https://dfemedia.blog.gov.uk/2016/10/31/education-in-the-media-31-october/

Education in the media: 31 October

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Today’s news reviews looks at a report from think tank ResPublica, alongside coverage on how far parents are prepared to travel to get their child to a grammar school. It also addresses a misleading article in the Mirror about our 30 hours free childcare pledge.

ResPublica report

On Monday, 31 October, think tank ResPublica issued a report, commissioned by Knowsley Council, suggesting that new grammar schools could transform the prospects for white working-class children in Britain.

The report - Achieving Educational Excellence in Knowsley: A Review of Attainment - found that of all pupils from disadvantaged backgrounds, white British children were least likely to do well. It found that selective schools could be "transformative" in these working class areas where aspiration is low.

It also calls for the Government to focus on grammar schools in deprived areas where there are little or no middle class families to dominate the admission system.

The report was covered widely in print, broadcast and online, including The Times, Daily Telegraph, ITV News, Daily Mail and the i.

We welcome this report and the initiatives suggested to improve standards in Knowsley.

A Department for Education spokesperson said:

This research shows the transformative impact grammar schools can have on the life chances of less well-off pupils. That is why we are consulting on proposals to tap into that expertise and spread that knowledge across the system so that every child has access to a good school place.

Distance travelled to grammar schools

On Sunday, 30 October, the Telegraph reported that demand for grammar schools is so high that on average parents travel three times as far to drop their children off than at other secondary schools.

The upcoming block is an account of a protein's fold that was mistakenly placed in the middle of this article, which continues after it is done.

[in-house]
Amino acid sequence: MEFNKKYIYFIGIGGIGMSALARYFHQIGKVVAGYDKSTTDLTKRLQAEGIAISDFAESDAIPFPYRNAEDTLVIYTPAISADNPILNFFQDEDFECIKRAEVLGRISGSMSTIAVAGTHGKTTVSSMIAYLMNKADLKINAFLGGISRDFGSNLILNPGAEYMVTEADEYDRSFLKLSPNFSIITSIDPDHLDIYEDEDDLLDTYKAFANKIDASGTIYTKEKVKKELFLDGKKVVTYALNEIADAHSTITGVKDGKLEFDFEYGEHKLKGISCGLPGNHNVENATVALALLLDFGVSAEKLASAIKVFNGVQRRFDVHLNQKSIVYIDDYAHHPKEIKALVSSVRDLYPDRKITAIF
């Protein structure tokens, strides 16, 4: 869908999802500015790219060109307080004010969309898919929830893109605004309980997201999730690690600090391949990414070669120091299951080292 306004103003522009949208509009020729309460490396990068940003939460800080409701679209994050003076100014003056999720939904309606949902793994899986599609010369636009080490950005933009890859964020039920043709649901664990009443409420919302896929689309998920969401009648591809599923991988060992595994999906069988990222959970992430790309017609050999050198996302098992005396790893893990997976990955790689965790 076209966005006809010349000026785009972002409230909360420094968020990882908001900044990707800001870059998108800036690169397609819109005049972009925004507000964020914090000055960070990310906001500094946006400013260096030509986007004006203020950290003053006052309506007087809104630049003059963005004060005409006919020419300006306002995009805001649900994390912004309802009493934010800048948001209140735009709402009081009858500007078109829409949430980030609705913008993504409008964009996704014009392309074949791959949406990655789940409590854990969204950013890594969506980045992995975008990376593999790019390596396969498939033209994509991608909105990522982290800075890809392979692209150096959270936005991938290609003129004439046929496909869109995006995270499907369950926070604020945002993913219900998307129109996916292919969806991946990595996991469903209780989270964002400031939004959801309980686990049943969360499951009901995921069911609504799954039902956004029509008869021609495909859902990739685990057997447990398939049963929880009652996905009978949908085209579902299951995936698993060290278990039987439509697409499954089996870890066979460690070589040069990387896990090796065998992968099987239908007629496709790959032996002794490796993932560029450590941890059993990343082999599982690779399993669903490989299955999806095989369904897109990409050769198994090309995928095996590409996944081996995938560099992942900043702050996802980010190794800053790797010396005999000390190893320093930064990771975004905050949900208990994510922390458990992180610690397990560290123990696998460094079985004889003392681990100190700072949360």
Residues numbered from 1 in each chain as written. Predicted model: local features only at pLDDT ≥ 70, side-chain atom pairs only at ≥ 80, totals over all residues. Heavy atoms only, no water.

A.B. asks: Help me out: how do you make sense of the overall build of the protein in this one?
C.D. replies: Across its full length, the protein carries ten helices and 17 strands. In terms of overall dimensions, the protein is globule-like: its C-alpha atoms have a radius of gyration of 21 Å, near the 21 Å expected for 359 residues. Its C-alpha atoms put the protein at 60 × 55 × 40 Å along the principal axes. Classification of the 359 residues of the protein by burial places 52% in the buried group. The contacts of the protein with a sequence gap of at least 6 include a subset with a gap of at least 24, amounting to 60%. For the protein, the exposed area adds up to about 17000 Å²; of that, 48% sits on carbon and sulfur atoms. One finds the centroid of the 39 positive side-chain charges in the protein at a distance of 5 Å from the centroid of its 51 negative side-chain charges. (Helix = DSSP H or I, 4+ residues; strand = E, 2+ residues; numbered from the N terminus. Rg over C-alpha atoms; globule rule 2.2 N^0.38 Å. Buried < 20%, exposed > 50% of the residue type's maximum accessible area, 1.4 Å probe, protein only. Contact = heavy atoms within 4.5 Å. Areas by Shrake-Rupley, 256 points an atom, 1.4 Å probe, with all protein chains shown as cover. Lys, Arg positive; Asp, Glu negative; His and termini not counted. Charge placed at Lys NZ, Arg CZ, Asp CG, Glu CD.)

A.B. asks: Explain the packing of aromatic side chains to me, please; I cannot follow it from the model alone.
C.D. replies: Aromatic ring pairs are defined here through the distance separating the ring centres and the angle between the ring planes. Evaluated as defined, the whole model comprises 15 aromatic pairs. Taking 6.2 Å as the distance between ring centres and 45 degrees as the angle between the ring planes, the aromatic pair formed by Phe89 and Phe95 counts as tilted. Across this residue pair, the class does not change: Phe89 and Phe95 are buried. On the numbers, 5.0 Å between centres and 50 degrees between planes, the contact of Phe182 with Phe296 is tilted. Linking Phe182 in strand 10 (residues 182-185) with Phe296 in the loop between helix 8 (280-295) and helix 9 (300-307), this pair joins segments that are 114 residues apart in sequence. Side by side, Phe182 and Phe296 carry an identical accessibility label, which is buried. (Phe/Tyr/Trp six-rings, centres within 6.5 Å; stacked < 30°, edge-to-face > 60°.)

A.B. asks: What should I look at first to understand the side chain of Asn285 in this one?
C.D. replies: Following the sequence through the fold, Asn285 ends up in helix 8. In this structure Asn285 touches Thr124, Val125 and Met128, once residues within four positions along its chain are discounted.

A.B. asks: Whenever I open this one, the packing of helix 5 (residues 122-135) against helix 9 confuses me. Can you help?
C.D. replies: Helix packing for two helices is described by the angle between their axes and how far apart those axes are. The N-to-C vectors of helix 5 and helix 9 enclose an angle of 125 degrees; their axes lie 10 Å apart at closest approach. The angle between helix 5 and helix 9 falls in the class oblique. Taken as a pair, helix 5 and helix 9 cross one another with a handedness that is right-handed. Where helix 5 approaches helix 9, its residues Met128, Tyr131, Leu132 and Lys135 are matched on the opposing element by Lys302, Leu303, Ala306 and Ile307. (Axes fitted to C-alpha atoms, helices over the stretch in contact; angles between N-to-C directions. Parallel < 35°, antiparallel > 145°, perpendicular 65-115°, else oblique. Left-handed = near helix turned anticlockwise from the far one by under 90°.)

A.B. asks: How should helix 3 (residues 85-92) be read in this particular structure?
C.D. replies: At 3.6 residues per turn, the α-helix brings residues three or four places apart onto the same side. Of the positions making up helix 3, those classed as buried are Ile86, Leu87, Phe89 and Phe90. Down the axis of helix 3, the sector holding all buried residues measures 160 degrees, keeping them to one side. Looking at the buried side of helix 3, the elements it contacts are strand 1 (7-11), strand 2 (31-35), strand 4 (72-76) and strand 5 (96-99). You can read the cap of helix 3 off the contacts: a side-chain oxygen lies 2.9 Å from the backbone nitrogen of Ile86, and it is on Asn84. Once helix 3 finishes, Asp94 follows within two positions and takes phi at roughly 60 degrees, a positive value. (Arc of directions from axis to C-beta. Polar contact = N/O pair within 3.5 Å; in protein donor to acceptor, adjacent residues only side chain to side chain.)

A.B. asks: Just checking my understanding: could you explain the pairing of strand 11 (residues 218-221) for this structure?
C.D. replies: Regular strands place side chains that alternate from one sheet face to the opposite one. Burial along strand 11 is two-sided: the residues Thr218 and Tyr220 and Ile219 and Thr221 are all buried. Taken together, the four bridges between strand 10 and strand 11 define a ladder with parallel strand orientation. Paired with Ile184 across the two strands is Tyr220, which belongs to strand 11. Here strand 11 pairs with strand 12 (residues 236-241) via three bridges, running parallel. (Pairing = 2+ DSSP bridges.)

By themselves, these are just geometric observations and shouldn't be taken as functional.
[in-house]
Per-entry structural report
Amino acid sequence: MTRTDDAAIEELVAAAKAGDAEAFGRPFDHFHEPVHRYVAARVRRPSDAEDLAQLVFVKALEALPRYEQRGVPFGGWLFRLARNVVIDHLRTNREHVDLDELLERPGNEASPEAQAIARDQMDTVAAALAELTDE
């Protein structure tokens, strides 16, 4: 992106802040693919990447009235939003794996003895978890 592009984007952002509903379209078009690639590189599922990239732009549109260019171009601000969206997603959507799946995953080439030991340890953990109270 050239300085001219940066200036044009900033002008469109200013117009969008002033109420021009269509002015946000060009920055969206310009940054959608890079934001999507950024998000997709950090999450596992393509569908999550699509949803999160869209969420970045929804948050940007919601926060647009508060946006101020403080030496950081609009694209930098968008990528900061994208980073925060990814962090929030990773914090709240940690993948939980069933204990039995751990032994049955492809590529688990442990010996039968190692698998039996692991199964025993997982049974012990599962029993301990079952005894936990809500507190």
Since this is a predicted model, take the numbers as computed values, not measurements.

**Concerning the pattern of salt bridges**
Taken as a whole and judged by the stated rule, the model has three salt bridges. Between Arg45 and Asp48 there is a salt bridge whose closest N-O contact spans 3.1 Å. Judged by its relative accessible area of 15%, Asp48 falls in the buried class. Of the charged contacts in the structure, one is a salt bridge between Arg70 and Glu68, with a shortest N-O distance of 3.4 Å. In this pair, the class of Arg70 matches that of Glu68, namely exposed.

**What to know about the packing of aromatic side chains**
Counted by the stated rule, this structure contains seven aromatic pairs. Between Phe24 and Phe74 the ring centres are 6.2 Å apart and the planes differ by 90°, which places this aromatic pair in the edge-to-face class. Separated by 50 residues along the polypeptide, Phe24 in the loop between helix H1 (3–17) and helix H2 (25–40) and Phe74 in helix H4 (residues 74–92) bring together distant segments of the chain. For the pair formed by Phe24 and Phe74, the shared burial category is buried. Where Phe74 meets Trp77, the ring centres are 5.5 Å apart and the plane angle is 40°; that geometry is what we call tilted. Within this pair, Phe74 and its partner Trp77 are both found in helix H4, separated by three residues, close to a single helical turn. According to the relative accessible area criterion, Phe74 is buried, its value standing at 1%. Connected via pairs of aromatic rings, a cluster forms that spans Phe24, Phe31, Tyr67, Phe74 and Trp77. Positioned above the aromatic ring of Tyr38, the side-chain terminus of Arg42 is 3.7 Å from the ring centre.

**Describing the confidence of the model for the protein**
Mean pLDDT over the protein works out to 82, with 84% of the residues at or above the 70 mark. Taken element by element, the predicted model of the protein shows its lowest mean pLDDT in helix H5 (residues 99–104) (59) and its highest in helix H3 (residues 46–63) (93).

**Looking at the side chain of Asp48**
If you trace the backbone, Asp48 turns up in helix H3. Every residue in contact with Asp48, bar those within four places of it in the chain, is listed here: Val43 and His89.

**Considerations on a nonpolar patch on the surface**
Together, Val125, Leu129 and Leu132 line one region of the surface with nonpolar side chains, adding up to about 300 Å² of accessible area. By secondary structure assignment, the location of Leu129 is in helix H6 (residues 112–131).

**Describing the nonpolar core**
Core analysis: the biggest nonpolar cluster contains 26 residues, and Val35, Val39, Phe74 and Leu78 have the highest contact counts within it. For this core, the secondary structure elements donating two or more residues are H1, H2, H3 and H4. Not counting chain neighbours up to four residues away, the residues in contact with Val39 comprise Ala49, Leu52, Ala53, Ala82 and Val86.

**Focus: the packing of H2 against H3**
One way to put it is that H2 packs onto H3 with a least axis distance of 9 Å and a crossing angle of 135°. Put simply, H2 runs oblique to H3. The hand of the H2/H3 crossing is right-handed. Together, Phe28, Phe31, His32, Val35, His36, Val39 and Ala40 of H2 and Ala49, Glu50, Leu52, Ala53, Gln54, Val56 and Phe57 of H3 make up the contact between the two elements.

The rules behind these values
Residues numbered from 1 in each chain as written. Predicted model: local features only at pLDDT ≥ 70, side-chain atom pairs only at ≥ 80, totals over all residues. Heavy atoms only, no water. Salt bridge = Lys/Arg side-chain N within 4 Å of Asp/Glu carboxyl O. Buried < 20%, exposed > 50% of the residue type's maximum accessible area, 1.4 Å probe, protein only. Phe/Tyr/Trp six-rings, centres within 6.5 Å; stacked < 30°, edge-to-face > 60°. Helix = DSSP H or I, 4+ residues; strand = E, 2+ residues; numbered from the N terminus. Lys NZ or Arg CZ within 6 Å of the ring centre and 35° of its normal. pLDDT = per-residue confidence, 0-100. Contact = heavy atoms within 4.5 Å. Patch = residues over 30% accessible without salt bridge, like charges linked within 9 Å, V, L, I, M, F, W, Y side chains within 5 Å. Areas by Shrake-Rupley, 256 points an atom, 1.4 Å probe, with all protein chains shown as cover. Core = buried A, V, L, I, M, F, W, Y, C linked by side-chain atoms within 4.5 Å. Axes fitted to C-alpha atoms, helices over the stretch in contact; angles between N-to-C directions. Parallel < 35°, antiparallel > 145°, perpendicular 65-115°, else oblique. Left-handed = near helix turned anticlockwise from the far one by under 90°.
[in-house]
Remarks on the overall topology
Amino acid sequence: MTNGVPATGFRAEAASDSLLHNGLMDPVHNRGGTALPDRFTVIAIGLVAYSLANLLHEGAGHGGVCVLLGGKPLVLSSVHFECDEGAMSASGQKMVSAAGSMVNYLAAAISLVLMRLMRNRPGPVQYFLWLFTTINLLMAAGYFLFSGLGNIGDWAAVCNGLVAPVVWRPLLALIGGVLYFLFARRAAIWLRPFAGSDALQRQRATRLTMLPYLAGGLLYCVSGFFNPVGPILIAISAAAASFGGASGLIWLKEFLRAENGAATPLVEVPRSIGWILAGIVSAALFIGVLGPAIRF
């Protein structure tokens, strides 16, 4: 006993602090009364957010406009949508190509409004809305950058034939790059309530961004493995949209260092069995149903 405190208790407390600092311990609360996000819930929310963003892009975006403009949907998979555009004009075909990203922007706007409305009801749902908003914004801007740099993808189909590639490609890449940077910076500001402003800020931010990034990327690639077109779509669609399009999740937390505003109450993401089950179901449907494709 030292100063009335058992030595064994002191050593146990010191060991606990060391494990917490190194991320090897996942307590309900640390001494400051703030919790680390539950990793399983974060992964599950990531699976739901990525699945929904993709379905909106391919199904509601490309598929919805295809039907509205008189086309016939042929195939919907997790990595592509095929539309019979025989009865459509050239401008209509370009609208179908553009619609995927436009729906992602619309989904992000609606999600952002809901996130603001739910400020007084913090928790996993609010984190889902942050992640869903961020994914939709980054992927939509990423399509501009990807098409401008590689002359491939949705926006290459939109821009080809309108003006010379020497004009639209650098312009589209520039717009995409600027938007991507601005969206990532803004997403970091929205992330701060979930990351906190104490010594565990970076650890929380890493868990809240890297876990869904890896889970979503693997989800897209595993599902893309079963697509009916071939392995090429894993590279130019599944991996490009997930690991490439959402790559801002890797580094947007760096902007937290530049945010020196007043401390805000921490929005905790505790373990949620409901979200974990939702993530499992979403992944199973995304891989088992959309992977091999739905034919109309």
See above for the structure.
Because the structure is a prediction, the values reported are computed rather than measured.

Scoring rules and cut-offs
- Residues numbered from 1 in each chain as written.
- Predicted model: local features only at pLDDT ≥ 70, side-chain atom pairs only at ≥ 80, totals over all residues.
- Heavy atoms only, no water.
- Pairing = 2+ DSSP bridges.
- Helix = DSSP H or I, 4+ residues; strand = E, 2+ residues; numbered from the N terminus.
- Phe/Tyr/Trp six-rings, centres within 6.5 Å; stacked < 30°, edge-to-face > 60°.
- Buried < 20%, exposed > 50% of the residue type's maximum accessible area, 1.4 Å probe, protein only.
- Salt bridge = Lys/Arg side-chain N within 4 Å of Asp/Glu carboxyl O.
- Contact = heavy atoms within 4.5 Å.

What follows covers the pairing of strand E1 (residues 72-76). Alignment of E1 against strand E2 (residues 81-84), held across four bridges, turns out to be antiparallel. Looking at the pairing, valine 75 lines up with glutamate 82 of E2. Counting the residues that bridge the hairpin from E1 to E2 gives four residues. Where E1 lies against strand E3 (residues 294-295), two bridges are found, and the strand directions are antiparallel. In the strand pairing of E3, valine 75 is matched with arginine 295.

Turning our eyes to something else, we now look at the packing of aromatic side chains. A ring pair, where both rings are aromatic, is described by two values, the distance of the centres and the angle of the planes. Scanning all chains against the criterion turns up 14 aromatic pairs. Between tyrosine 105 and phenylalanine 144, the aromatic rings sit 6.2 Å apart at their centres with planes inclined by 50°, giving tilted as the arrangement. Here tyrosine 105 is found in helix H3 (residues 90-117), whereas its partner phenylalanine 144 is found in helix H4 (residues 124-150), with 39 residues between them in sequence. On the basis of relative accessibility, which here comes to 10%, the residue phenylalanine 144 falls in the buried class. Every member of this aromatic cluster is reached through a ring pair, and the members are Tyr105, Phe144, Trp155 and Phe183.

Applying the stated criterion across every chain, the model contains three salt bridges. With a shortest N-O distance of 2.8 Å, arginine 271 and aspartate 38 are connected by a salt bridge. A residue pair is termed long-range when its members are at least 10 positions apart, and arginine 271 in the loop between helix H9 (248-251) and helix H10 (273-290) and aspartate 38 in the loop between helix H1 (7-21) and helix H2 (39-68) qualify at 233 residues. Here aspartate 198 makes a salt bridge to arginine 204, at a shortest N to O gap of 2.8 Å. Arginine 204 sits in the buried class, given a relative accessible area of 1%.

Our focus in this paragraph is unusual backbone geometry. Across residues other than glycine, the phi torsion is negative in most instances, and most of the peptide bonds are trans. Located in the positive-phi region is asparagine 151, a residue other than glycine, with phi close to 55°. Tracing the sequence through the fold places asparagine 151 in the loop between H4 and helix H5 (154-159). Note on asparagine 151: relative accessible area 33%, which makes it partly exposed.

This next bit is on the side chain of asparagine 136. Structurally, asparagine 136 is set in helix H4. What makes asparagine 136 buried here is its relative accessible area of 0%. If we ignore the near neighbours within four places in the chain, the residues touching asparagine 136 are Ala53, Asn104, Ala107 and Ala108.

Children have to travel 3.1 miles on average to get to grammar school, compared to just 1.1 miles for non-selective schools. This is further evidence that there are not enough grammar schools to meet demand from families.

Schools Minister Nick Gibb said:

We want to build a country that works for everybody, regardless of their background, and education lies at the heart of that.

 

We already know grammar schools are popular with parents, and these figures underline the effort they are willing to make for their children to attend a good school.

 

Our proposals will help create more great school places within easy reach of parents, wherever they live, so their children have the chance to fulfil their potential.

30 hours free childcare

On Sunday, 30 October, the Mirror published a piece on childcare provision, claiming that maintained nursery schools are running out of money. It claims the government’s pledge to deliver 30 hours of free childcare is "at risk".

We are continuing to work with nurseries, playgroups and childminders in all local areas to get ready to deliver our 30 hour free childcare offer to working families next September – this includes working with them on the financial support they need.

It is also important to note that maintained nursery schools – which this article focuses on – make up a small but important part (2.8%) of the support that families depend on, and are not necessarily representative of the wider sector.

A Department for Education spokesperson said:

Maintained nursery schools make up a small but important part of the childcare families rely on, particularly in deprived areas. That’s why we’ve committed an extra £55 million funding per year to give these nurseries stability for at least the next two years – this is backed up by our record £6 billion investment in childcare by the end of the Parliament.

 

We will be consulting on maintained nursery schools in due course and will continue to work closely with the sector on this.

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